On Thu, Aug 03, 2017 at 08:50:06AM -0700, Darren Hart wrote: > On Wed, Aug 02, 2017 at 06:06:20PM -0700, Linus Torvalds wrote: > > On Wed, Aug 2, 2017 at 5:28 PM, Stephen Rothwell <s...@canb.auug.org.au> > > wrote: > > > > > > I would say that if you rebase someone's commit(s), then you are on the > > > "patch's delivery path" and so should add a Signed-off-by tag. > > > > Yeah, I agree. Rebasing really is pretty much the exact same thing as > > applying a patch.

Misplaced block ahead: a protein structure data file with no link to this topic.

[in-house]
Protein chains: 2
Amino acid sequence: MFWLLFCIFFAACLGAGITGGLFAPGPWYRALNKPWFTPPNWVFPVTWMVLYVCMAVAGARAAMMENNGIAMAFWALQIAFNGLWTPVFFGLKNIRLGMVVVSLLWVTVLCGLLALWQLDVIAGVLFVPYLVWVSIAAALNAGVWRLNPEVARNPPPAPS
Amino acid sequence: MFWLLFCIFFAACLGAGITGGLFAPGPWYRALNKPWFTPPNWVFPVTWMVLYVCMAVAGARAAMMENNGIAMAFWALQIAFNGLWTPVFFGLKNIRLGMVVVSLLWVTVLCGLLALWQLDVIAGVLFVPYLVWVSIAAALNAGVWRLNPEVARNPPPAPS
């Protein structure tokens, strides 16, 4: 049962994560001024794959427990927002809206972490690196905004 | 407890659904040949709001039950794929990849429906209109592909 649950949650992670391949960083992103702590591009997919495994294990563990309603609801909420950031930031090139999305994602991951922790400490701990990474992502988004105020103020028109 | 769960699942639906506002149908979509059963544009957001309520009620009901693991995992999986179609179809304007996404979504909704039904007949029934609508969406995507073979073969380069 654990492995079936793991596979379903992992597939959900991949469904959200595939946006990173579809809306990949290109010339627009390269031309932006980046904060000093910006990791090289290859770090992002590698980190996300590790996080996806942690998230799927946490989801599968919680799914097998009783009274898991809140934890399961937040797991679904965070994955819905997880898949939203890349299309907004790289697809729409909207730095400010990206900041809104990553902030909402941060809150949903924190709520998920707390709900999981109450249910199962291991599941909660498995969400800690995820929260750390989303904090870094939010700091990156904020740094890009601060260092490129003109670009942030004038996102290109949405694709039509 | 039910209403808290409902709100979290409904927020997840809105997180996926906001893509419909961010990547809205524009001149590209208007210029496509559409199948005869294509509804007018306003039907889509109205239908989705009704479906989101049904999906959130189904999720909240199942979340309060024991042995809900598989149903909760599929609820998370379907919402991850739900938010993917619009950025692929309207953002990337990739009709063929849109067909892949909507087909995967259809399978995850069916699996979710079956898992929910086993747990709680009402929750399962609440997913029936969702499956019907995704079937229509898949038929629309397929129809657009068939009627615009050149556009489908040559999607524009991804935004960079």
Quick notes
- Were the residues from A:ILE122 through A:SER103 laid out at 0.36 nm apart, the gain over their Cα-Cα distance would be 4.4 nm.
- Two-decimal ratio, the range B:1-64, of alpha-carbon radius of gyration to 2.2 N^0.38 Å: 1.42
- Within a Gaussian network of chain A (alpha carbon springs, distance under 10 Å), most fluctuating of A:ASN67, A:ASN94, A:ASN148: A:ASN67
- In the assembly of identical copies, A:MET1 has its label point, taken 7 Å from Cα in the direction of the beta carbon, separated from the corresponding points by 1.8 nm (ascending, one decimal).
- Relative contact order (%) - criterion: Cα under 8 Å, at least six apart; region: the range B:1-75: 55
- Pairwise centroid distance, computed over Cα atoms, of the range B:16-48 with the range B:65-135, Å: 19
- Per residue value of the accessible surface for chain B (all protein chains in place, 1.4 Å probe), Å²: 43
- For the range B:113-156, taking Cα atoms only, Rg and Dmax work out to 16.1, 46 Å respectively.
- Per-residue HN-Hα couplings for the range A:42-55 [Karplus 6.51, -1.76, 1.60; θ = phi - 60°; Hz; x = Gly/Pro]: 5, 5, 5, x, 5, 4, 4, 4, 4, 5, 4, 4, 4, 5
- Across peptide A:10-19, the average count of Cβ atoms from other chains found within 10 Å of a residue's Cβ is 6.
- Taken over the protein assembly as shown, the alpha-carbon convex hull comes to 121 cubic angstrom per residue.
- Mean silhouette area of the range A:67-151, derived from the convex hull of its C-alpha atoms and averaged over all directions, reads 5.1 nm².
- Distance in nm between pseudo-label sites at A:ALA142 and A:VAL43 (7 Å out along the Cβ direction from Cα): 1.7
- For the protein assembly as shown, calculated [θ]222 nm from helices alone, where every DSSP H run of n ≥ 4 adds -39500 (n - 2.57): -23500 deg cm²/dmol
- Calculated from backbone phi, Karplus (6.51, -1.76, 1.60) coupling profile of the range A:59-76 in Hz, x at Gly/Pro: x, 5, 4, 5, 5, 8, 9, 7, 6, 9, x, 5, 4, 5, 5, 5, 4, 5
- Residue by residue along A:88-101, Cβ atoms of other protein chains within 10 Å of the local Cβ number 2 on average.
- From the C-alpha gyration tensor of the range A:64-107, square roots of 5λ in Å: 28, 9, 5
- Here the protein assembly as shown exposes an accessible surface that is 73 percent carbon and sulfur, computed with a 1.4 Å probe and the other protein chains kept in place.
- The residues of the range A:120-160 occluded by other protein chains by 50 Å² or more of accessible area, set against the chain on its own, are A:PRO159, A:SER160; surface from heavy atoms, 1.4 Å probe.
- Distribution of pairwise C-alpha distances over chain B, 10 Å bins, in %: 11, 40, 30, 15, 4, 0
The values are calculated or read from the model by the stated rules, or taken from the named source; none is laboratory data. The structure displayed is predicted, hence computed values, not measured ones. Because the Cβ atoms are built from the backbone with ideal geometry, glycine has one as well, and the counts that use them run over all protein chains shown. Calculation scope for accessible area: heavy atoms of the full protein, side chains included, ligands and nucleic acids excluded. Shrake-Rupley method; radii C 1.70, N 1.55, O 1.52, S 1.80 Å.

I will be away for a few days, but will follow up on this when I return. In the meantime, my plan is to leave the current for-next branch alone rather than rebasing it to fix the previous rebase which resulted in the mixed committer/signoff issue Stephen's new test identified. I just want it to be clear I'm not ignoring the issue, but rather planning on addressing it in commits going forward - based on the results of the discussion below. Thanks, > > > > > "git rebase" does have a "--signoff" option. > > > > I think you end up signing off twice using that. I don't think it's > > smart enough to say "oh, you already did it once". > > > > But I didn't check. Sometimes git is a lot smarter than I remember it > > being, simply because I don't worry about it. Junio does a good job. > > > > And in general, you simply should never rebase commits that have > > already been publicized. And the fact that you didn't commit them in > > the first place definitely means that they've been public somewhere. > > For the platform driver x86 subsystem, Andy I have defined our "testing" > branch as mutable. It's the place where our CI pulls from, as well as > the first place 0day pulls from, and where we stage things prior to > going to the publication branches ("for-next" and then sometimes > "fixes"). We find it valuable to let the robots have a chance to catch > issues we may have missed before pushing patches to a publication > branch, but to do that, we need the testing branch to be accessible to > them. > > The usual case that would land us in the situation here is we discover a > bug in a patch and revert it before going to a publication branch. > Generally, this will involve one file (most patches here are isolated), > which we drop via rebase, and the rest are entirely unaffected in terms > of code, but as the tree changed under them, they get "re-committed". > > This seems like a reasonable way to handle a tree with more than one > maintainer and take advantage of some automation. Andy and I do need a > common tree to work from, and I prefer to sync with him as early in the > process as possible, rather than have him and I work with two private > testing branches and have to negotiate who takes which patches. It would > slow us down and wouldn't improve quality in any measurable way. Even if > we did this work in an access controlled repository, we would still have > this problem. > > With more and more maintainer teams, I think we need to distinguish > between "published" branches and "collaboration" branches. I suspect > maintainer teams will expose this rebasing behavior, but I don't believe > it is new or unique to us. To collaborate, we need a common branch, > which a lone maintainer doesn't need, and the committer/sign-off delta > makes this discoverable, whereas it was invisible with a lone > maintainer. > > Note: A guiding principle behind our process is that of not introducing > bugs into mainline. Rather than reverting bad patches in testing, we > drop them, and replace them with a fixed version. The idea being we > don't want to introduce git bisect breakage, and we don't want to open > the window for stable/distro maintainers to pull a bad patch and forget > the revert or the fixup. If we can correct it before it goes to Linus, > we do. > > > So I would definitely suggest against the "git rebase --signoff" > > model, even if git were to do the "right thing". It's simply > > fundamentally the wrong thing to do. Either you already committed them > > (and hopefully signed off correctly the first time), or you didn't > > (and you shouldn't be rebasing). So in neither case is "git rebase > > --signoff" sensible. > > So in light of the above, we can: > > a) Keep doing what we're doing > b) Sign off whenever we rebase > c) Add our signoff whenever we move patches from testing to for-next > (I hadn't considered this until now... this might be the most > compatible with maintainer teams while strictly tracking the > "patches" delivery path") > d) Redefine testing as immutable and revert patches rather than drop > them, introducing bugs into mainline. > e) Make each maintainer work from a private set of branches (this just > masks the problem by making the rebase invisible) > > Whatever we decide, I'd like to add this to some documentation for > maintainer teams (which I'm happy to prepare and submit). -- Darren Hart VMware Open Source Technology Center